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There are lots of discussions on the web about Principal Component Analysis (PCA) and how to use tools such as matlab octave for that. However none of them fit my problem.

My problem is that I have a set of 1D observations and when I want to plot the data points in a 2D XY chart, the X axis are the indices of the observations (integer numbers) and the Y axis is the value of observations. For example, my observations are

0.7 0.4 0.55 0.2 0.63 0.83 0.48 0.91 0.73

Now when I use princomp in octave, I get this result

octave:8> X = [0.7 0.4 0.55 0.2 0.63 0.83 0.48 0.91 0.73];
octave:9> [pc, z, w, Tsq] = princomp (X)
warning: XXX FIXME XXX Tsq return from princomp fails some tests
pc =  1
z =

   0.096667  -0.203333  -0.053333  -0.403333   0.026667   0.226667  -0.123333   0.306667   0.126667

w =  0.049200
Tsq =  8

What does that mean? I want to see two axis which show the directions of variances.

UPDATE

Baseed on what Gottfried Helms said, Ichanged my input to

  octave:1> X=[1 0.7; 2 0.4; 3 0.55; 4 0.2; 5 0.63; 6 0.83; 7 0.48; 8 0.91; 9 0.73];

and here is what i get

 octave:5> [pc,score,l,t] = princomp(X)
 warning: XXX FIXME XXX Tsq return from princomp fails some tests
 pc =

    -0.999358  -0.035833
    -0.035833   0.999358

 score =

    3.9940e+00   2.3994e-01
    3.0054e+00  -9.5704e-02
    2.0006e+00   1.8367e-02
    1.0138e+00  -3.6724e-01
   -9.5555e-04   2.6650e-02
   -1.0075e+00   1.9069e-01
   -1.9943e+00  -1.9492e-01
   -3.0091e+00   1.9897e-01
   -4.0020e+00  -1.6747e-02

 l =

    7.509591
    0.039609

 t =

    3.577651
    1.433997
    0.541503     
    3.541846
    0.017931
    1.053196
    1.488853
    2.205235
    2.139788

Now how can I plot the two lines which show the direction?

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You need to supply the information for the second axis. You told, that as second measure you use the index of the data-point. So the complete data, which should be PC'able is

 x: 1   2   3    4   5    6    7    8    9
 y: 0.7 0.4 0.55 0.2 0.63 0.83 0.48 0.91 0.73

And of course, any statistical software which has pca implemented, gives you a solution.


[update] The solution which you get with SPSS is $$\small \begin{array} {ll|rr|rr} x & y & pc_1 & pc_2 & pc_1' & pc_2' \\ 1.00 & 0.70 & -0.60379 & -1.79251 &-0.6404&1.9012\\ 2.00 & 0.40 & -1.18552 & -0.16896 &-1.2574&0.1792\\ 3.00 & 0.55 & -0.57194 & -0.46302 &-0.6066&0.4911\\ 4.00 & 0.20 & -1.28649 & 1.37361 &-1.3645&-1.4569\\ 5.00 & 0.63 & 0.07083 & -0.11364 &0.0751&0.1205\\ 6.00 & 0.83 & 0.81722 & -0.62077 &0.8668&0.6584\\ 7.00 & 0.48 & 0.10267 & 1.21586 &0.1089&-1.2896\\ 8.00 & 0.91 & 1.45999 & -0.27139 &1.5486&0.2878 \\ 9.00 & 0.73 & 1.19701 & 0.84080 &1.2696&-0.8918 \end{array} $$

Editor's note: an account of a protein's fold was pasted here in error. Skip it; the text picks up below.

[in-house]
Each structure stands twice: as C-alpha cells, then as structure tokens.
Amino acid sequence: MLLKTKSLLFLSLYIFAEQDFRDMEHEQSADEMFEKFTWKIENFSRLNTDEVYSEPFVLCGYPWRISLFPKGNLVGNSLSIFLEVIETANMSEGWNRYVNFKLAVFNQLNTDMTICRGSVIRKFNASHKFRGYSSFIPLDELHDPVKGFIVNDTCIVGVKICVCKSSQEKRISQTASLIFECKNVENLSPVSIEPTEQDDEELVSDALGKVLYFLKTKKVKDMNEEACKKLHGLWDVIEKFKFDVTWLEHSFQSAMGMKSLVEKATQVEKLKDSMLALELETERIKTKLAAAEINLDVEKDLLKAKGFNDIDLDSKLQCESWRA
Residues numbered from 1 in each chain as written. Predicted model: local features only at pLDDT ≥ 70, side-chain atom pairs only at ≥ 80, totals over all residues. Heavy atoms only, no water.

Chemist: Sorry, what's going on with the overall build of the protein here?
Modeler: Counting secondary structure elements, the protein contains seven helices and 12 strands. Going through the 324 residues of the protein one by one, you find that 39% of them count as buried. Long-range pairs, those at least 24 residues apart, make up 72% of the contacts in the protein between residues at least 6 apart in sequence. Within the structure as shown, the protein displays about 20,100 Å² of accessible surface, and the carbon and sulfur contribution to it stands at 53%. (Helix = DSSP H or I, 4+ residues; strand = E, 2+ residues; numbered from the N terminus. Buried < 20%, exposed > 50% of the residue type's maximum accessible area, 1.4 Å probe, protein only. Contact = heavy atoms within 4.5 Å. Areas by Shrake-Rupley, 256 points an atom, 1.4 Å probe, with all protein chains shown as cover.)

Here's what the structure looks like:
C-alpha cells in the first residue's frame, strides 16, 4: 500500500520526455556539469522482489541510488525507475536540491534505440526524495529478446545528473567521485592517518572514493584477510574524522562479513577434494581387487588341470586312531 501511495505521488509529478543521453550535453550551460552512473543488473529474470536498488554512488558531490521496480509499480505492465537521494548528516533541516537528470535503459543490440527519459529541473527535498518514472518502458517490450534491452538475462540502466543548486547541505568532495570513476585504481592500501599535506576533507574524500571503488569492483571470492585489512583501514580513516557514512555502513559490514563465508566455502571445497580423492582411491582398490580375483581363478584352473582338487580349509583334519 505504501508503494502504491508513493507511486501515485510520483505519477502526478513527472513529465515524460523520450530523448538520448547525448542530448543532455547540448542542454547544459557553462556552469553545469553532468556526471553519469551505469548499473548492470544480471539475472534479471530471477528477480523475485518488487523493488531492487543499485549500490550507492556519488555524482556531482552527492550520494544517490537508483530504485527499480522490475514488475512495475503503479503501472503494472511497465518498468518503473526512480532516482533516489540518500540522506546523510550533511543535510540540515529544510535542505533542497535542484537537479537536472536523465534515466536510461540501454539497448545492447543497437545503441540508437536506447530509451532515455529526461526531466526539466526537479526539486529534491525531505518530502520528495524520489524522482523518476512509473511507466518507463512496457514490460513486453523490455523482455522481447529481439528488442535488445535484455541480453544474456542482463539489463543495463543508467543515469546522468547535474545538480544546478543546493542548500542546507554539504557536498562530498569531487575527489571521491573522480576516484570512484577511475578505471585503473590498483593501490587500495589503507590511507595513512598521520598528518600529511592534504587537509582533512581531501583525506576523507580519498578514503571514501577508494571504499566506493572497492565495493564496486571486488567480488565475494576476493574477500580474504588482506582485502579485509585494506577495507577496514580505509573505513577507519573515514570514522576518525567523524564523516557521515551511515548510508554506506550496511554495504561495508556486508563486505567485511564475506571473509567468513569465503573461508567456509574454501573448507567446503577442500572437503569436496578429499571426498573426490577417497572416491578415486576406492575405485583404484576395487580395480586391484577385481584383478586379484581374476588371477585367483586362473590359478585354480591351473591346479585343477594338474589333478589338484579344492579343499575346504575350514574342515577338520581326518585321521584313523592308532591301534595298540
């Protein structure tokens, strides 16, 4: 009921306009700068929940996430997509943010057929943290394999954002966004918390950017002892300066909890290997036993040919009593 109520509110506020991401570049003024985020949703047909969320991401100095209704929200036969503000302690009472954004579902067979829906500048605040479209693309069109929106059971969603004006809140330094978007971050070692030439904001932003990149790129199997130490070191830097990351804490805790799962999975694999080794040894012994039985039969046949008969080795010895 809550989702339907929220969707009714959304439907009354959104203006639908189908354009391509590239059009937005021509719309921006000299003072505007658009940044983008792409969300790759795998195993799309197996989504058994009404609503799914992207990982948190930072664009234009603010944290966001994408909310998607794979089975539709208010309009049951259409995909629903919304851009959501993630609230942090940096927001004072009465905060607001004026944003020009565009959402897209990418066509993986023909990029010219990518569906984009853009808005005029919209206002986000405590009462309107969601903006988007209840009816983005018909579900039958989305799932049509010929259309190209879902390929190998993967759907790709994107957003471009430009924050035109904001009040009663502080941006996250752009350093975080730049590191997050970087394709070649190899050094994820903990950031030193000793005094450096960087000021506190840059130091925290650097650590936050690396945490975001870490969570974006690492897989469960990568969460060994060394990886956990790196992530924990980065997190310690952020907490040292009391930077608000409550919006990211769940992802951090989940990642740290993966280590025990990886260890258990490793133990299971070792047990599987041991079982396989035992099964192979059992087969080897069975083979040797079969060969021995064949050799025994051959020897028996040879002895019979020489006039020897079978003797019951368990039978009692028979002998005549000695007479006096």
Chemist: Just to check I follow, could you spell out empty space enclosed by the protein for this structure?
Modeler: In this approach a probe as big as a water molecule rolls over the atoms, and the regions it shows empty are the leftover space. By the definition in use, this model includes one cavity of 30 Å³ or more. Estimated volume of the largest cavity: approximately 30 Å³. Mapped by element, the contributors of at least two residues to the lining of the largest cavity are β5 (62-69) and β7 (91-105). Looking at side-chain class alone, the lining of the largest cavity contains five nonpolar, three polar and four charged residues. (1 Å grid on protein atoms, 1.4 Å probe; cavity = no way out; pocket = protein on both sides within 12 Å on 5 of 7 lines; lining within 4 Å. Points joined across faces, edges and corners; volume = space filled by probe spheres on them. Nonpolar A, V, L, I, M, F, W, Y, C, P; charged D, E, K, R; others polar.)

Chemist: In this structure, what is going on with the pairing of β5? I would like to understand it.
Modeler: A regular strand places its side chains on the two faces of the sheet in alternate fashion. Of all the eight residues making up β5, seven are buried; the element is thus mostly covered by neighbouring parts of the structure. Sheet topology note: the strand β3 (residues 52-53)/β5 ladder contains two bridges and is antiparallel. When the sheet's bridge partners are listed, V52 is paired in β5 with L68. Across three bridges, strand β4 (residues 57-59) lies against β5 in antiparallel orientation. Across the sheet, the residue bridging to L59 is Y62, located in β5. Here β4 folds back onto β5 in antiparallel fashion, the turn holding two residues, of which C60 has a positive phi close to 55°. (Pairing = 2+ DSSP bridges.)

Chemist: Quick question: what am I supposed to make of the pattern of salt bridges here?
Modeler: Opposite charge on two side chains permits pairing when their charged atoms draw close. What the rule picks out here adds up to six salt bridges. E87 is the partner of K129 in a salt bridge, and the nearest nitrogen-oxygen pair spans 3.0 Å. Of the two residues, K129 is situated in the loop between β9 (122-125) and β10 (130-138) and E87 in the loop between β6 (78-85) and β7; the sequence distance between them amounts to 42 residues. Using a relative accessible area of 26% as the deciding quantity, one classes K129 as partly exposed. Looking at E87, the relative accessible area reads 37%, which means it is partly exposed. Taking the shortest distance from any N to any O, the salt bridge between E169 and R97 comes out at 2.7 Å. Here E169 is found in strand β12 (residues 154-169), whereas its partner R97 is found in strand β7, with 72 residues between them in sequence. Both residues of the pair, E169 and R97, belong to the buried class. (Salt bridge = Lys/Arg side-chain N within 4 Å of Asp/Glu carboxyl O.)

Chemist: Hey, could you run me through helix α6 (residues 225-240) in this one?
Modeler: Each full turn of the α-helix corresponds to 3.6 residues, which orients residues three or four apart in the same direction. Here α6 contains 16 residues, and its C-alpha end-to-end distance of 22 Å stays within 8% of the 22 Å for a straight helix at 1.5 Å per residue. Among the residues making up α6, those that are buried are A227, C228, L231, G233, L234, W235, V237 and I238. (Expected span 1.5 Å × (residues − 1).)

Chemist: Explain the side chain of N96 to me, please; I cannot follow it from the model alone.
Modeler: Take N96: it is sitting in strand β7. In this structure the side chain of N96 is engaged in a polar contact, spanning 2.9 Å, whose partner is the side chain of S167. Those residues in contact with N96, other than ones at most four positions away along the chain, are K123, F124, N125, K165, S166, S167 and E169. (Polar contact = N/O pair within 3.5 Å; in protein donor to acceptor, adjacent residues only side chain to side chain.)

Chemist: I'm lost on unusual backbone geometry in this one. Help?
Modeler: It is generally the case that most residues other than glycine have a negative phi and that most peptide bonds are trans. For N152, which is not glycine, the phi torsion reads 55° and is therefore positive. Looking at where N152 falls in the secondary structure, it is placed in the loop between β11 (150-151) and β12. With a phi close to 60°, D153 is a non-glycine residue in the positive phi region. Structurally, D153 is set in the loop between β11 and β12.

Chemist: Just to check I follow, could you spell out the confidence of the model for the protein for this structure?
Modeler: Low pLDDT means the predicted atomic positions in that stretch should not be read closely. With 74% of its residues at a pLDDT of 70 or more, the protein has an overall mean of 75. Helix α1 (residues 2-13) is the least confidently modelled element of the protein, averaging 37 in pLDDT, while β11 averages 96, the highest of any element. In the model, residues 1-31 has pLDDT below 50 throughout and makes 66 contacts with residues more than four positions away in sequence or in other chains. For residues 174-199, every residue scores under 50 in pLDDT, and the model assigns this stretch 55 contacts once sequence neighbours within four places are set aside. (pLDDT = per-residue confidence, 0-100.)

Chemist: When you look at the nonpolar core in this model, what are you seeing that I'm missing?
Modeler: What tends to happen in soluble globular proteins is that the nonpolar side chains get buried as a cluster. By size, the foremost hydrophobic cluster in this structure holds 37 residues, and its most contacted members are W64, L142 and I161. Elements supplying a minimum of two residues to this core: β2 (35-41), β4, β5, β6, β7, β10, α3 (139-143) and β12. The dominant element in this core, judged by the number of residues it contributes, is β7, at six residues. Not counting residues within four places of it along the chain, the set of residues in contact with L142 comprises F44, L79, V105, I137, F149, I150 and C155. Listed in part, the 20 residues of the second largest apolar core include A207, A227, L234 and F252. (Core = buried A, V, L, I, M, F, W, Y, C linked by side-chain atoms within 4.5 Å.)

Note, that $pc_1$ and $pc_2$ is based on computation of the correlation-matrix with $n-1$ instead of $n$ in the denominator . Using $n$ we get $pc_1'$ and $pc_2'$ .
The SPSS-command for $pc_1$ and $pc_2$ was

FACTOR 
/VARIABLES x y  
/ANALYSIS x  y 
/PRINT UNIVARIATE INITIAL CORRELATION REPR EXTRACTION FSCORE 
/CRITERIA FACTORS(2) ITERATE(25) 
/EXTRACTION PC 
/ROTATION NOROTATE 
/SAVE REG(ALL) 
/METHOD=CORRELATION.
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  • $\begingroup$ Please see the updated post $\endgroup$ – mahmood Jul 11 '13 at 21:05
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Principal component analysis isn't really applicable to a set of scalar observations. The first (and only) principal component will be $1$, and the score of each observation for that component will simply be its mean-shifted value ($x-\mu$).

The core of PCA is the analysis of covariance, figuring out how the elements of a multidimensional observation relate to each other. If you've only got one scalar per observation, PCA doesn't have anything interesting to tell you about that.

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If you're interested in visualization of the results of PCA of your 1D data, it can be done in the following way (the code is for Scilab, but it can be easily adapted for GNU Octave or Matlab).

y = [0.7 0.4 0.55 0.2 0.63 0.83 0.48 0.91 0.73]
x = 1 : length(y)
data = wcenter([x; y]', 'r')

subplot(121)
title('Normalized source data')
plot(data(:, 1), data(:, 2), 'b')
[a, b] = reglin(data(:, 1)', data(:, 2)')
plot(data(:, 1), a .* data(:, 1) + b, ':k')

//disp(atan(a) / %pi * 180)

axes = gca()
axes.isoview = 'on'
axes.zoom_box = [-2 -2 2 2]

// PCA

[lambda, pf, pc] = pca(data)
subplot(122)
title('Principal components and eigenvectors')
plot(pc(:, 1), pc(:, 2), 'g')
[a, b] = reglin(pc(:, 1)', pc(:, 2)')
plot(pc(:, 1), a .* pc(:, 1) + b, ':k')

// Eigenvectors
plot([0, pf(1, 1)], [0, pf(2, 1)], 'r')
plot([0, pf(1, 2)], [0, pf(2, 2)], 'r')

//disp(atan(pf(1, 1) / pf(2, 1)) / %pi * 180)

axes = gca()
axes.isoview = 'on'
axes.zoom_box = [-2 -2 2 2]

As you can see, PCA performs (generaly high-dimensional) rotation of the source data.

The source data is normalized to have zero-mean and unit standard deviation. After PCA rotation $\sigma_x=1.2001511$ and $\sigma_y=0.7480890$. This way PCA has found a rotation maximizing variance of multivariate data.

Example PCA

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